If you're not putting too much thought into what you share on Facebook and your other social media accounts, this might be a good time to remember you must think before you post.
A couple of years ago, Jacquelyn Hammond allegedly posted just one sentence about a former co-worker, without actually mentioning the woman by name. That in itself shouldn't be a problem. Right?
Well, not exactly. The post said, "I didn’t get drunk and kill my kid." According to the complaint, Hammond was referring to the son of a colleague, who died in a gun accident with another boy back in 1976. That colleague, who is the plaintiff in the current case, Davyne Dial, was not drunk when she lost her son, and she wasn't responsible for his death, either.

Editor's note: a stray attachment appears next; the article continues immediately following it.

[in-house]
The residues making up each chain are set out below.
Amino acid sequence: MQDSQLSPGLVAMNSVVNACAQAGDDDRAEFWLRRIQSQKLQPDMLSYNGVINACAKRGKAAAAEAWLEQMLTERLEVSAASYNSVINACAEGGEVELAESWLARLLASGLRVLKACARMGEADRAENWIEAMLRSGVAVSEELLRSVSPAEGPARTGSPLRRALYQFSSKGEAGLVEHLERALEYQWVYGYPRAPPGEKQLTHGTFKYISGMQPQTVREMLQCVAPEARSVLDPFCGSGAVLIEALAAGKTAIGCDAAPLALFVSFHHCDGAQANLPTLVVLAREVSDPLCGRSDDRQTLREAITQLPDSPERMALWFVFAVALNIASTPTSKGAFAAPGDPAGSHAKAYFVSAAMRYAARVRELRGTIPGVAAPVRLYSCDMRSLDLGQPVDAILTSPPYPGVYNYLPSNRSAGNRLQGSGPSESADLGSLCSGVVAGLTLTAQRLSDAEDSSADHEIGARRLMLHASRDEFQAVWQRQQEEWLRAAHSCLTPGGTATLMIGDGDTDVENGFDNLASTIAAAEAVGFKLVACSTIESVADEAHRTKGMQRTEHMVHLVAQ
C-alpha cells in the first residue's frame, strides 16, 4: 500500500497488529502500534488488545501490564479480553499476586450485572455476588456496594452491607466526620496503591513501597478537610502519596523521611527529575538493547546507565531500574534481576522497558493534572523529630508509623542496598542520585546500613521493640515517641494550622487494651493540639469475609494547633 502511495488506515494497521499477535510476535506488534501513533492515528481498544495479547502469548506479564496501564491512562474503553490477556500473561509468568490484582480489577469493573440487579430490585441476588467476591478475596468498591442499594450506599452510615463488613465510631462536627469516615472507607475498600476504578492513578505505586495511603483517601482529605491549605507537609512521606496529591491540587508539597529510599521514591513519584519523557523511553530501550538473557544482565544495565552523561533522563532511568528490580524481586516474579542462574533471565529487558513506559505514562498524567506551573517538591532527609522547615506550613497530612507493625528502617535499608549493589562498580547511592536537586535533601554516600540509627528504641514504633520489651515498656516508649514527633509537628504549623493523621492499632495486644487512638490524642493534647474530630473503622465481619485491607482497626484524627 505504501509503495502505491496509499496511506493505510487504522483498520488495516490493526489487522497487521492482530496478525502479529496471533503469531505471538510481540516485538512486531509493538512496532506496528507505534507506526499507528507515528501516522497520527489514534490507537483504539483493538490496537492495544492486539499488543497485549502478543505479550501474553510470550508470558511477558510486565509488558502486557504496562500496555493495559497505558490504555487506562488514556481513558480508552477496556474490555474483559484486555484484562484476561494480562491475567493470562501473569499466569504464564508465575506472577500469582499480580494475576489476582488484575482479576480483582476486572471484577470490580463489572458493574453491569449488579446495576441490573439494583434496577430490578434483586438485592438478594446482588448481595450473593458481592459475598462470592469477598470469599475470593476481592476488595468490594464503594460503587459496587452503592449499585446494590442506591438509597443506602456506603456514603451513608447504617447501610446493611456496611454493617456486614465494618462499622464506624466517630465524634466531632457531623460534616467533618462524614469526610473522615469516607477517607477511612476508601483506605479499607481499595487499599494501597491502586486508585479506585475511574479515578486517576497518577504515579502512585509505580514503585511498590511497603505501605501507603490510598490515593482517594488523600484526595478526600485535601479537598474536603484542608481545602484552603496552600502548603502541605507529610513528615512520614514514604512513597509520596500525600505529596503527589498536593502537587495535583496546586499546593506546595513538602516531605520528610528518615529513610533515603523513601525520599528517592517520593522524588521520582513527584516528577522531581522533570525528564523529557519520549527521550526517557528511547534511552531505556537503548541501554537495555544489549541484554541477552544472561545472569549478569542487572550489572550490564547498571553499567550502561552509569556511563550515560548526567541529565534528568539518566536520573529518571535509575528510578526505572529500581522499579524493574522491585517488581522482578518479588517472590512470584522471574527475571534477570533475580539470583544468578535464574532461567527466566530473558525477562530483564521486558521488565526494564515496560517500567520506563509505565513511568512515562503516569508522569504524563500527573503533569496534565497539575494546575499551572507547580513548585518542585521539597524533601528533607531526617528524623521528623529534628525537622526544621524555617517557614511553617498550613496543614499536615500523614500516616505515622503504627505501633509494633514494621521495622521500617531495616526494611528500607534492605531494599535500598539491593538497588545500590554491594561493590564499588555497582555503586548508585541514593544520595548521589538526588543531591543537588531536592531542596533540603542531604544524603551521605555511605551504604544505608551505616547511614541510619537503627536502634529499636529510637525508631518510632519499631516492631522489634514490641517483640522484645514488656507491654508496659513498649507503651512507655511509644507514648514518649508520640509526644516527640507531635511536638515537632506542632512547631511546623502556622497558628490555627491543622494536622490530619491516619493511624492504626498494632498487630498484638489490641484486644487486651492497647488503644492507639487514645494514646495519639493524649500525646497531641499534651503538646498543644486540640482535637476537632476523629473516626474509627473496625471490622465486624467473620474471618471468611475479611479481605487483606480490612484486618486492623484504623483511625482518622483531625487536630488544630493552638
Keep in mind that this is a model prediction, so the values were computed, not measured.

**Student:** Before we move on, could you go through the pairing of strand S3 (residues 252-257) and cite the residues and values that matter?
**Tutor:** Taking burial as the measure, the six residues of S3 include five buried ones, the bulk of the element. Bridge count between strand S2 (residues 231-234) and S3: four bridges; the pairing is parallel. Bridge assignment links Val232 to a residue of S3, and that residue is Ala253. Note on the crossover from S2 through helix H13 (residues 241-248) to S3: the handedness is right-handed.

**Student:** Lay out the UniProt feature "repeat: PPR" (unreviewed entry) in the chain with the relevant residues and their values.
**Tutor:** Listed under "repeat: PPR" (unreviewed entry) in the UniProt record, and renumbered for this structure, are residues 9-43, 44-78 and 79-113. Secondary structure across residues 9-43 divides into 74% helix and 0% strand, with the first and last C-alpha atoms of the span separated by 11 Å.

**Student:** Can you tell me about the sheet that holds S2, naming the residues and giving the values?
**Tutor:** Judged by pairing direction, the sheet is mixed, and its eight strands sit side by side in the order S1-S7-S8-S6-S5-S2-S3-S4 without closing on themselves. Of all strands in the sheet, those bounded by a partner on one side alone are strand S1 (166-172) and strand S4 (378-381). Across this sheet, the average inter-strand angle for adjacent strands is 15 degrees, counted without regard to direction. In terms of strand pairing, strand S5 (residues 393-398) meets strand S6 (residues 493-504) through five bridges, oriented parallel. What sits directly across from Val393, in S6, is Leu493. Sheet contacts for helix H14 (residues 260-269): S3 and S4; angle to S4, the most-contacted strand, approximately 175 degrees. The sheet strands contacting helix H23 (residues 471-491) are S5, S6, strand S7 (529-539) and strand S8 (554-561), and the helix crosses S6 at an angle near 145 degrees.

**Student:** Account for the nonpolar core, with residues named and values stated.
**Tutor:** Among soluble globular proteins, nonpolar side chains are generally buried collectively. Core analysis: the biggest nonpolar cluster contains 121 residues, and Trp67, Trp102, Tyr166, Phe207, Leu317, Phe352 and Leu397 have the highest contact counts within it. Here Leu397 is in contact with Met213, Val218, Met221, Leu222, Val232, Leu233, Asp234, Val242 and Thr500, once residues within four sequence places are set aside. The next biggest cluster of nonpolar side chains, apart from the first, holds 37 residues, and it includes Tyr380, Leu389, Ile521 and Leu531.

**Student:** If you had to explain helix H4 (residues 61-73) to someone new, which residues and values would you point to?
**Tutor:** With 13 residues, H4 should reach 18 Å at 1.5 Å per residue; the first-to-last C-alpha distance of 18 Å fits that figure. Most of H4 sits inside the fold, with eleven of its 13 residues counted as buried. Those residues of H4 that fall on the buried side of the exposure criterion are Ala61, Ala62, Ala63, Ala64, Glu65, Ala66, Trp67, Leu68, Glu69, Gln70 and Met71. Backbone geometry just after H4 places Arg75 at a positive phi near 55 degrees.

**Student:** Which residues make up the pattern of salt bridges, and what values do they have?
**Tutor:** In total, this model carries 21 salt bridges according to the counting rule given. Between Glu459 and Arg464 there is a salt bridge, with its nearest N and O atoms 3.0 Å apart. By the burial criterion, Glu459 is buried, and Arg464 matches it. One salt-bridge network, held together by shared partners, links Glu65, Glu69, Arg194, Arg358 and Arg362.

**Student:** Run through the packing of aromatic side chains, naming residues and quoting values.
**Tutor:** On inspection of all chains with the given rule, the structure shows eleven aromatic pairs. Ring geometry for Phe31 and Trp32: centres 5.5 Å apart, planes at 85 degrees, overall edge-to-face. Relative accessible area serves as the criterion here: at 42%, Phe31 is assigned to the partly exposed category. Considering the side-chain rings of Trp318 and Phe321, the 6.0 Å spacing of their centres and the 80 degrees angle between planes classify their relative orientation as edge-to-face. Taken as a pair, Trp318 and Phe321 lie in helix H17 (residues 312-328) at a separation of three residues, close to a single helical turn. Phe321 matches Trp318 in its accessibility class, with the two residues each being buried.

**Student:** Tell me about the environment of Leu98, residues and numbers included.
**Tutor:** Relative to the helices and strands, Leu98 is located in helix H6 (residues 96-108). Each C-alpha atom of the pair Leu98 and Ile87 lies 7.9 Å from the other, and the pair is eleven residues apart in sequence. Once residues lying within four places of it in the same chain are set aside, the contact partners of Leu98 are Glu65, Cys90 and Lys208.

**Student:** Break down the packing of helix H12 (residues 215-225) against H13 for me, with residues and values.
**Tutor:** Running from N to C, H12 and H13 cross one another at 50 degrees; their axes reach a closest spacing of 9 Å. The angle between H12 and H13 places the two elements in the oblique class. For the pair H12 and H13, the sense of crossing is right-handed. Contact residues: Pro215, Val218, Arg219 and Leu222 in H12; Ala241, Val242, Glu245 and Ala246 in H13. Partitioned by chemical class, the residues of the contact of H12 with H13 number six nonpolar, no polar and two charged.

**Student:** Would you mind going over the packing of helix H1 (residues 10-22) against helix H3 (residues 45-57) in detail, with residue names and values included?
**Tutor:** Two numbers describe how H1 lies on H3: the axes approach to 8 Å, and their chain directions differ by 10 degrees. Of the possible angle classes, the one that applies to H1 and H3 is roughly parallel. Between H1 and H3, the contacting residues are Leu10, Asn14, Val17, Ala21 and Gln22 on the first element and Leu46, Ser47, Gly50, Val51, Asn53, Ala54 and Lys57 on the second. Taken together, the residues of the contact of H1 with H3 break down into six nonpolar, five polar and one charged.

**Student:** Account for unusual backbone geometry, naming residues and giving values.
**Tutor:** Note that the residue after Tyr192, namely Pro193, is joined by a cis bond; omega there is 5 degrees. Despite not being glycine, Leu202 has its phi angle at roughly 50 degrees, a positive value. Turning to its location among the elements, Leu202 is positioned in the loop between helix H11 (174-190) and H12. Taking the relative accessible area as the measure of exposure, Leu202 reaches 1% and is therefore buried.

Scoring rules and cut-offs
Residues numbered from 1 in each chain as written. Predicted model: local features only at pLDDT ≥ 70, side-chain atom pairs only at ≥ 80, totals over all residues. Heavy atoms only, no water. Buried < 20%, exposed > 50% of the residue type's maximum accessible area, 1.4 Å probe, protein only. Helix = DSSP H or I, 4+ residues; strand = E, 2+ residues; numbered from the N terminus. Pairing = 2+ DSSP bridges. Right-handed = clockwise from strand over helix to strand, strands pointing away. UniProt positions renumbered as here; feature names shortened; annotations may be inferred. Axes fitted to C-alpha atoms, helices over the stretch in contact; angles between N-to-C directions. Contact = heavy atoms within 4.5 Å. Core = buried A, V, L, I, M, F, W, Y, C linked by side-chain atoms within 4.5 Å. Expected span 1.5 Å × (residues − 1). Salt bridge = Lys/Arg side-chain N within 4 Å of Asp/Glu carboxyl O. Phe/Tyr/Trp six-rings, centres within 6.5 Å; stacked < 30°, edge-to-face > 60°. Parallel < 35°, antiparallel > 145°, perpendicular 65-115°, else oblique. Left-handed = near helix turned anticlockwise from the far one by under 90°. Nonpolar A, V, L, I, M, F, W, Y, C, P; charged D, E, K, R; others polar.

She therefore had grounds to say that Hammond's post actually constituted a libellous statement, and sued her in 2015. (These type of defamation lawsuits can be made on grounds of libel, which means a written statement is defamatory, or slander, which is a spoken defamatory claim.)
Last month, the women finally settled the lawsuit. Now, Hammond will have to pay Dial £200,000 in actual damages for the defamation and emotional distress, and she will also have to shell out an extra £200,000 in punitive damages. Her single sentence post came at a cost of a whooping £400,000.
Was it worth it? We're going to take a stab and say that no, it wasn't. It might seem that because something you share lives online, it's not "real" and doesn't have real consequences. But that's just plain false.
So do yourself a favour and abide by the golden rule: Think twice before you post. And just like my mother would say, "If you don't have anything nice to say, don't say anything at all."